Wirelessly posted (Mozilla/5.0 (iPhone; CPU iPhone OS 5_0 like Mac OS X) AppleWebKit/534.46 (KHTML, like Gecko) Version/5.0.2 Mobile/9A5248d Safari/6533.18.5)

    I remember when everyone was saying the Late 2010 MBA with 2GB of ram won't be able to run Lion successfully, well they were wrong. It runs fine!
  13. blaizefm macrumors newbie


    Dec 11, 2009
    Calm down dear - I'm running Lion on my 2Gb MBair and it runs absolutely fine.
  14. stewacide macrumors regular

    Jan 6, 2002
    - Turn off Dashboard(!)
    - A memory-hogging screen-saver (e.g. iTunes artwork) can bump stuff out of real memory, leaving the system sluggish after exiting the 'saver
    - Get rid of Launchpad if you don't use it to free a bit of memory
    - Defragment: it will improve disk performance generally, but most crucially for the virtual memory
    - Be wary of Safari and Firefox add-ons, many are buggy and slow things down immensely
    - Check your startup items (under User settings) for useless/old stuff
    - I always remove unused languages and architectures from OSX (can save several gigs of disk space), but I'm not sure that stuff is ever loaded into memory if not needed (google: 'monolingual')
    - You can speed Spotlight by removing categories you never use under its preferences
  15. ArchieCrisis macrumors newbie

    Mar 8, 2009
    In short, yes but with noticeable performance issues

    The long answer to this question is that it mostly depends on what exactly it is you want to do with your machine, but the short answer is no, 2GB of RAM isn't really enough to run Lion well. Note that I said "run Lion well". It will still run, but it will be far easier to cause things to slow down and get the beach ball.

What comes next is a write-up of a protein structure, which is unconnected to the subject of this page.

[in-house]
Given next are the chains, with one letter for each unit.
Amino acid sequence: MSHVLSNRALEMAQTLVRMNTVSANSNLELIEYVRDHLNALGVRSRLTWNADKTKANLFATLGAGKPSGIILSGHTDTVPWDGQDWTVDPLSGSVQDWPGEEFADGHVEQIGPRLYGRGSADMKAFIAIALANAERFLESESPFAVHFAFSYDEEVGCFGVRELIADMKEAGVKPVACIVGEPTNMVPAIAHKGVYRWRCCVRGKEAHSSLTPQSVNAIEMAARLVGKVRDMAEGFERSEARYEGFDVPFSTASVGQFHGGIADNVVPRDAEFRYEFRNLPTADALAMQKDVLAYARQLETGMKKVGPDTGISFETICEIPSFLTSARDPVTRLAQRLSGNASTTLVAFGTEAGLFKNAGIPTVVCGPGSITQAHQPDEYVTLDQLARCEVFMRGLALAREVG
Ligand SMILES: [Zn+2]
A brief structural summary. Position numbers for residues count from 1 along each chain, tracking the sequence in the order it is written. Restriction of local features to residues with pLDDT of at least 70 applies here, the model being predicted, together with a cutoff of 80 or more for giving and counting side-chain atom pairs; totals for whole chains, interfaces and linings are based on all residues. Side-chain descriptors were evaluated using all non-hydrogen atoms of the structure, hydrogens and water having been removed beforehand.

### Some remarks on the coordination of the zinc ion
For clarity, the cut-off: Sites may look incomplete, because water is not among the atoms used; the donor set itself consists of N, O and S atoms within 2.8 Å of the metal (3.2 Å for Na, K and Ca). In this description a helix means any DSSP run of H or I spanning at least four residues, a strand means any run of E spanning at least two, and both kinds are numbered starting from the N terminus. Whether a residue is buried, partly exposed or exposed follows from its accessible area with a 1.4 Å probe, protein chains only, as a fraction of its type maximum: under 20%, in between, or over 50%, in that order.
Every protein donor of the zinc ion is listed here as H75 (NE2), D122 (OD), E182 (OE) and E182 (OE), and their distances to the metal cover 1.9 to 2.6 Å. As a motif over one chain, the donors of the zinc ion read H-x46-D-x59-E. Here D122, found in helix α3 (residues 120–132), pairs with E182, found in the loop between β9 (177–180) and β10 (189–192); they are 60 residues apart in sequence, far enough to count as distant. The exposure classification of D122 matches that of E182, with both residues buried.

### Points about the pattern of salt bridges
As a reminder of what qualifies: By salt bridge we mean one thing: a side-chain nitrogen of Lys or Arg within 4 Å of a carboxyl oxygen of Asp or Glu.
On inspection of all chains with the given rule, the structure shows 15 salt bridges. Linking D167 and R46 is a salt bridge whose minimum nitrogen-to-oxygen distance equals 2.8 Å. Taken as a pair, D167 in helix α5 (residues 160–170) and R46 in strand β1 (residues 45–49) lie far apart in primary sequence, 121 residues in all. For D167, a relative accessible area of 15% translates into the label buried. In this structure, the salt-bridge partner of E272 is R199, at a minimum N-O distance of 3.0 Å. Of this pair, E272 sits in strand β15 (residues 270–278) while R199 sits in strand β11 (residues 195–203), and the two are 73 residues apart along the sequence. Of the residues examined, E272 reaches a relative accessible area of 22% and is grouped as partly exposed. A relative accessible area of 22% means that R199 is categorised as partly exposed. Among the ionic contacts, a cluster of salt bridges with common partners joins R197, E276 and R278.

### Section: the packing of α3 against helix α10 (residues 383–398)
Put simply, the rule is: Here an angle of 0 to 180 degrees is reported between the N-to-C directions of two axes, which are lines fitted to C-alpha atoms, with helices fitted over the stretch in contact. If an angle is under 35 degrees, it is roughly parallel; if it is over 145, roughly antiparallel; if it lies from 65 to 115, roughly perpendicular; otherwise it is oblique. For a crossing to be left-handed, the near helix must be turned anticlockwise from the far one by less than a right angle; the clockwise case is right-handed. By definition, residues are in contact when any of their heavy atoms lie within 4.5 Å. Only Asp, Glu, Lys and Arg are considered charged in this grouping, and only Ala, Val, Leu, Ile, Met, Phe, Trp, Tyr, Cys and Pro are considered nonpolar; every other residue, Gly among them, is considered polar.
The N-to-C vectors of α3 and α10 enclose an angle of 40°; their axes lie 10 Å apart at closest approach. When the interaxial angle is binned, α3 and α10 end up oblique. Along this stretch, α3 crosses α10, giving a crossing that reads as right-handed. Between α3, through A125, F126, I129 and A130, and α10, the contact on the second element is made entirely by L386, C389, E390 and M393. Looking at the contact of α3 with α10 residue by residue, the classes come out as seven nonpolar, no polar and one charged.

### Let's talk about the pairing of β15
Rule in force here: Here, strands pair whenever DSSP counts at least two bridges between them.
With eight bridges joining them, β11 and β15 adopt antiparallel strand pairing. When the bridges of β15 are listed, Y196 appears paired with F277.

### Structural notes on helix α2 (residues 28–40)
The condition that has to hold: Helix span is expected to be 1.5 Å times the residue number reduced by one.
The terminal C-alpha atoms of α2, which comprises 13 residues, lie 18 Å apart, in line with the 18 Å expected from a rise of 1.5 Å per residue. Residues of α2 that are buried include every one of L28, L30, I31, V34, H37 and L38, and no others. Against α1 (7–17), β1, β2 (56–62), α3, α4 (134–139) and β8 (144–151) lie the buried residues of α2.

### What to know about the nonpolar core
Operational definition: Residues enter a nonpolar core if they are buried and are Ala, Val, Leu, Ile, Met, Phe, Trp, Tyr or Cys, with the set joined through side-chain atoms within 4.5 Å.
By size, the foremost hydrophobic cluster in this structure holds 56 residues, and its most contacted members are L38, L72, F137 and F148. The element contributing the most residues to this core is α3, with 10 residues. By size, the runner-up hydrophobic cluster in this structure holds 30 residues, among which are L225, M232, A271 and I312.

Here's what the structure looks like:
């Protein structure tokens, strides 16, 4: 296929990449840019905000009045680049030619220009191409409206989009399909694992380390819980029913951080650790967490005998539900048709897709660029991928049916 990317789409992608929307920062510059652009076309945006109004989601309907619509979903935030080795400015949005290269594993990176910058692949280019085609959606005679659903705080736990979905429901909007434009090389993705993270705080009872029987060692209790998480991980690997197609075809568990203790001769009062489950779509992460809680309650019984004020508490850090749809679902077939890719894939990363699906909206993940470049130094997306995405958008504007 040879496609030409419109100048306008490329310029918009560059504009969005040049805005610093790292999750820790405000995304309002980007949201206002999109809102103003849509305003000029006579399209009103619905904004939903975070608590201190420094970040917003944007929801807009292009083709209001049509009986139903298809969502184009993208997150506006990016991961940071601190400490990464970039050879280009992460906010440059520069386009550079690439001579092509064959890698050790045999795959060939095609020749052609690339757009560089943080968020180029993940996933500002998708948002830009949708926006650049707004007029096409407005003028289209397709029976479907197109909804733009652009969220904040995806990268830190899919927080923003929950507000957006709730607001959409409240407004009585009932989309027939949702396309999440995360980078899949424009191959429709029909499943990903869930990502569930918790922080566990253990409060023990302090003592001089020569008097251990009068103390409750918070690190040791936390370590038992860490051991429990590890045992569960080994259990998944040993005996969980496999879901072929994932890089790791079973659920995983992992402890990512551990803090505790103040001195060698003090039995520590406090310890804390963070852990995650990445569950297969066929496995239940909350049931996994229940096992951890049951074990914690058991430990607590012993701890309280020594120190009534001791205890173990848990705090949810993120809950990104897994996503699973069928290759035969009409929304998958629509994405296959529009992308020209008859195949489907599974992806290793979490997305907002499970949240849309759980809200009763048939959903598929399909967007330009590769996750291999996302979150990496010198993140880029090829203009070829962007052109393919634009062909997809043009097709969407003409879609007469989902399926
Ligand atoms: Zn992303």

Consider this for a moment - I run activity monitor almost constantly because I like to see how the system is performing. Ever since Lion, I've had the dock icon be the pie graph of RAM usage, because I've noticed significant issues with the amount of RAM Lion will gobble up.

    My system stats are as follows:

    2.66 GHz Intel Core 2 Duo iMac (Early 2009 model) with 2 GB 1067 MHz DDR3 Ram

    What I've noticed is that typically the operating system along will use around 1 to 1.25GB of RAM. This is with absolutely no applications open other than Activity Monitor. So right there, if you only have 2GB of RAM you're using half of it just running Lion.

    What is more, and this has been covered all over the internet ad nauseum, is that Safari is a ridiculous RAM hog. Now I've tried using Firefox and Chrome with a moderate degree of success, but they both still use a significant amount of RAM too, especially if you have other applications like iCal and Mail and iTunes running simultaneously.

    In my experience, when they say 2GB is the minimum they really DO mean minimum. Anything less and it won't run at all, and even at 2GB you're REALLY pushing the machine often.